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Hasselblad Support has confirmed that this bug is reproducible on their cameras too. It's been acknowledged as a confirmed bug and put on the fixit list.It's a bug. The indication resets to M on the top panel, but the metering function is as it says in the selection panel. Just tested with my 907x SE, does the same thing.
PS: I sent an email to Hasselblad Support with a bug report. You should likely do that as well.
Actually, for reasons that have never really made sense to me, Hasselblad does not support auto ISO in manual mode. So this isn’t an option.
So, if one wants auto ISO and wants to shoot exclusively at f/4 the best choice is to put it in aperture priority, set it to f/4, and set the appropriate minimum shutter speed for your lens. You won’t use the button at all—the camera will pick shutter and ISO. Using the shift button one can force the camera to over/under expose as needed.
If you really want the main dial to control shutter speed, one can put the camera in shutter priority. But then you need to make sure you keep the shutter speed high enough that the camera doesn’t change the aperture off of f/4. Again, one can over or under expose using the shift button.
Good luck. I've been requesting Auto ISO in manual mode since 2017. Hasselblad feels it would be confusing to the user. Go figure.I asked support to add this into the next firmware.
Jeese since 1997! I hope I don't have to wait that long, I find it very useful. How come it is not confusing to the user in every other mode? I cannot figure that one outGood luck. I've been requesting Auto ISO in manual mode since 1997. Hasselblad feels it would be confusing to the user. Go figure.
The usual explanation I've gotten in conversation with camera tech design folks is that many users expect "Manual" exposure mode to be explicit: set ISO, set aperture, set exposure time, nothing else. Set aperture, set exposure time, and let ISO vary is not really Manual mode to many users ... it's what Pentax dubbed "Time/Aperture Priority" or TA mode when the added it into the K10D model about a decade or so ago: lock time and aperture, let sensitivity vary. Many manufacturers have since incorporated it as a feature of Manual mode with AutoISO, that's all, but it's not a universally supported feature by all manufacturers.Jeese since 1997! I hope I don't have to wait that long, I find it very useful. How come it is not confusing to the user in every other mode? I cannot figure that one out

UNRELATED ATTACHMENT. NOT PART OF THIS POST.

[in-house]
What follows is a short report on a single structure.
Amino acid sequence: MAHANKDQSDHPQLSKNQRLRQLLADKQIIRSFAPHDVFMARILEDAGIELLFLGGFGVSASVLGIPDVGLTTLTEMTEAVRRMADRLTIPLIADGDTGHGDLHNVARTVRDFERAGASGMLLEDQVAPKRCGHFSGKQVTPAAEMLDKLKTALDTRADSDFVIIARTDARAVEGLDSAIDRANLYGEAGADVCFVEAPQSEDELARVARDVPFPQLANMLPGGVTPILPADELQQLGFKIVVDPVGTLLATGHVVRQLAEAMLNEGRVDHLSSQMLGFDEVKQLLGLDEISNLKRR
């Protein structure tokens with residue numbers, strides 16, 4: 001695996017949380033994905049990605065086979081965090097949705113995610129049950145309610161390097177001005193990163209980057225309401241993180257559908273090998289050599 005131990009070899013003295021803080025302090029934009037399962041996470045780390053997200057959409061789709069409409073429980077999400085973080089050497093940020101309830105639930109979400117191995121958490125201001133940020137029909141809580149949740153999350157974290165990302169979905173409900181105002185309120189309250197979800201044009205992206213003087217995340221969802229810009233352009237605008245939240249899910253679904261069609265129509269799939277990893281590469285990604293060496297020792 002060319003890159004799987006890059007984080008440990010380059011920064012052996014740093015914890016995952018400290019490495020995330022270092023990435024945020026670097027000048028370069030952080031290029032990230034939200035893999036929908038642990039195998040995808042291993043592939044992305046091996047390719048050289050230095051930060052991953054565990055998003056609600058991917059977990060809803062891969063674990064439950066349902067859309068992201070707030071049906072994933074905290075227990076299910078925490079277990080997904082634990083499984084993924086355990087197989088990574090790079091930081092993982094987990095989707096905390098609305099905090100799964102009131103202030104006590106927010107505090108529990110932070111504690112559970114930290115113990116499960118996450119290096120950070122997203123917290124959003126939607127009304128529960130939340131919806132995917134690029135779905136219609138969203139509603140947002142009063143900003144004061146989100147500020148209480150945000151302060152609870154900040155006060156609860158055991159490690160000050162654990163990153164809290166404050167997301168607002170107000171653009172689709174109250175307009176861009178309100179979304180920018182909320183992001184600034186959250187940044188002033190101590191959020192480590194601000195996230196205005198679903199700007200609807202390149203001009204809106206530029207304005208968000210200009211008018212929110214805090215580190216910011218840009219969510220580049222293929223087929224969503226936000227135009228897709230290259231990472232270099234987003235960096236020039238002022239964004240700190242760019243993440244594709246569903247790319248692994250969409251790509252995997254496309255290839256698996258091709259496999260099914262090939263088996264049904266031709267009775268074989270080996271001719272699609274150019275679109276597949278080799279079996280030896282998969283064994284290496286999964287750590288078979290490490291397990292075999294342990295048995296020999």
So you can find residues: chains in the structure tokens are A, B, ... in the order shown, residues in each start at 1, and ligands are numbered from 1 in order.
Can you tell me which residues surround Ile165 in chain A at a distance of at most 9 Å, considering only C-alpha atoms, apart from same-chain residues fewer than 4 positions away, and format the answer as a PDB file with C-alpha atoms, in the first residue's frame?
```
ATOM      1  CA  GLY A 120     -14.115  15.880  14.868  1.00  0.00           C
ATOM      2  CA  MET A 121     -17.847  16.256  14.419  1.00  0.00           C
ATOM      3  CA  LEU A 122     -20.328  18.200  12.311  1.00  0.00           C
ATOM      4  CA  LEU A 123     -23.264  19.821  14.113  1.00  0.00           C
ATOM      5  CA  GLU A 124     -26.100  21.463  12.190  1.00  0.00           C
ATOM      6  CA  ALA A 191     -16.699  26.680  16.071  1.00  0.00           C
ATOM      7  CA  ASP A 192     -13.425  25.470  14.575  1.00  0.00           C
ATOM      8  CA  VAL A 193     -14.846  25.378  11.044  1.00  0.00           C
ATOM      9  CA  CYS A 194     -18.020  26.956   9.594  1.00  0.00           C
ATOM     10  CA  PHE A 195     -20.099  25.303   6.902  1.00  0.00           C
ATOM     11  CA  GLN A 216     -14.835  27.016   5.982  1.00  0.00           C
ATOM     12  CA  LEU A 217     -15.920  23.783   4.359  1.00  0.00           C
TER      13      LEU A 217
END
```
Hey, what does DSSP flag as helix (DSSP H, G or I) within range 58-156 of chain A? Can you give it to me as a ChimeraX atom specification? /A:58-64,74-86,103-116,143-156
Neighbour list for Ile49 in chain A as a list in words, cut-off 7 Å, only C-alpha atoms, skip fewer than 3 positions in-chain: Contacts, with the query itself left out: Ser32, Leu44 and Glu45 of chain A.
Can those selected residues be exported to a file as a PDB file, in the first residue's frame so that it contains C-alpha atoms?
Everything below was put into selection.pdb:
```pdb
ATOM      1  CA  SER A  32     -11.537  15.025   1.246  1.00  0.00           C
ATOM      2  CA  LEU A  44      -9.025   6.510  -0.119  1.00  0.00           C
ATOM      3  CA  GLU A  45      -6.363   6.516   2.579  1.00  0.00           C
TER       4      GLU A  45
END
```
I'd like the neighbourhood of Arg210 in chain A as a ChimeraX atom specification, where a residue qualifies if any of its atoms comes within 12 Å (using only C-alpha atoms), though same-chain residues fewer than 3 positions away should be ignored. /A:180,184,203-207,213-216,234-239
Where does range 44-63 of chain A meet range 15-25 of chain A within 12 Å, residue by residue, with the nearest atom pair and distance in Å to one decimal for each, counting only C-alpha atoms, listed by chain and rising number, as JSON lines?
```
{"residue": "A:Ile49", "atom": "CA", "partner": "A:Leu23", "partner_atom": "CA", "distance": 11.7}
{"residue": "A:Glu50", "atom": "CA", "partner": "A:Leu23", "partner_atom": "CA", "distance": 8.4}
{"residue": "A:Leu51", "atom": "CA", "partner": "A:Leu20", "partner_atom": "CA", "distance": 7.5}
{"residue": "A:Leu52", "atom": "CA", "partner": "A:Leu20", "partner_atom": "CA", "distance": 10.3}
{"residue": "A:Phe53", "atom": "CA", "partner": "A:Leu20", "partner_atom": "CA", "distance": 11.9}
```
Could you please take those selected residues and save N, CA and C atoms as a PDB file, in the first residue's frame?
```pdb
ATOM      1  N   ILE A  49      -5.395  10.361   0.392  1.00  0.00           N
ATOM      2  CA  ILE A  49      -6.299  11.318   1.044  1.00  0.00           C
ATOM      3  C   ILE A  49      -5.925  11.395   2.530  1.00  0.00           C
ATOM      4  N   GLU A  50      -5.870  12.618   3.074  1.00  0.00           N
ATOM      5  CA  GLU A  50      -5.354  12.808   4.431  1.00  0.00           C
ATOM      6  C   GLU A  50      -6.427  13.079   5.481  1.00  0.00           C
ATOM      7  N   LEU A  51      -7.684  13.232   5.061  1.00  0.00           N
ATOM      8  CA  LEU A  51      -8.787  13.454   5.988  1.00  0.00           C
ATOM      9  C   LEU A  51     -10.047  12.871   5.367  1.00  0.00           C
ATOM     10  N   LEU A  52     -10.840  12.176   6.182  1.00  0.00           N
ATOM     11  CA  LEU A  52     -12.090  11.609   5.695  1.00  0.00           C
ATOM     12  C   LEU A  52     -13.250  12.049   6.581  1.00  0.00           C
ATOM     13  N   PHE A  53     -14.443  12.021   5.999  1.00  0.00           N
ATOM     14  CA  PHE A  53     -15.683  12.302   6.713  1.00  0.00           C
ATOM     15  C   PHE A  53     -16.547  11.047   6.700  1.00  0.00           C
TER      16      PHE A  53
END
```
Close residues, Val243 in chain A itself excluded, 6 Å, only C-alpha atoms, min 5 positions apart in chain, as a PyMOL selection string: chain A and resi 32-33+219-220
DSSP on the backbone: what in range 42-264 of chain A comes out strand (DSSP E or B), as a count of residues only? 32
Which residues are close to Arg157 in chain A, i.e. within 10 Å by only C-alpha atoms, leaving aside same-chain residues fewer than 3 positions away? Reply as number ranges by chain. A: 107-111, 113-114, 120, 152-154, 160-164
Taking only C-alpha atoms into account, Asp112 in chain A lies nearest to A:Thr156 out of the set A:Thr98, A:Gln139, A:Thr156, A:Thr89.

Hmm. I don't think the AF is "useless", only a bit slow. Doesn't bother me because I don't use AF all that much anyway ... It's so easy to focus manually, I just don't see the point most of the time. AF is just a convenience to use when it works well. One thing that made the AF work better for me was to reduce the AF area to its minimum size (Settings -> Camera -> Focus :: AF Point Size: SMALL).As I go into my third day of owning the 45P, I can't decide which is worse - the fact that the lens autofocus is useless, or the fact that the CFVii50C's focus peaking is hopelessly inaccurate.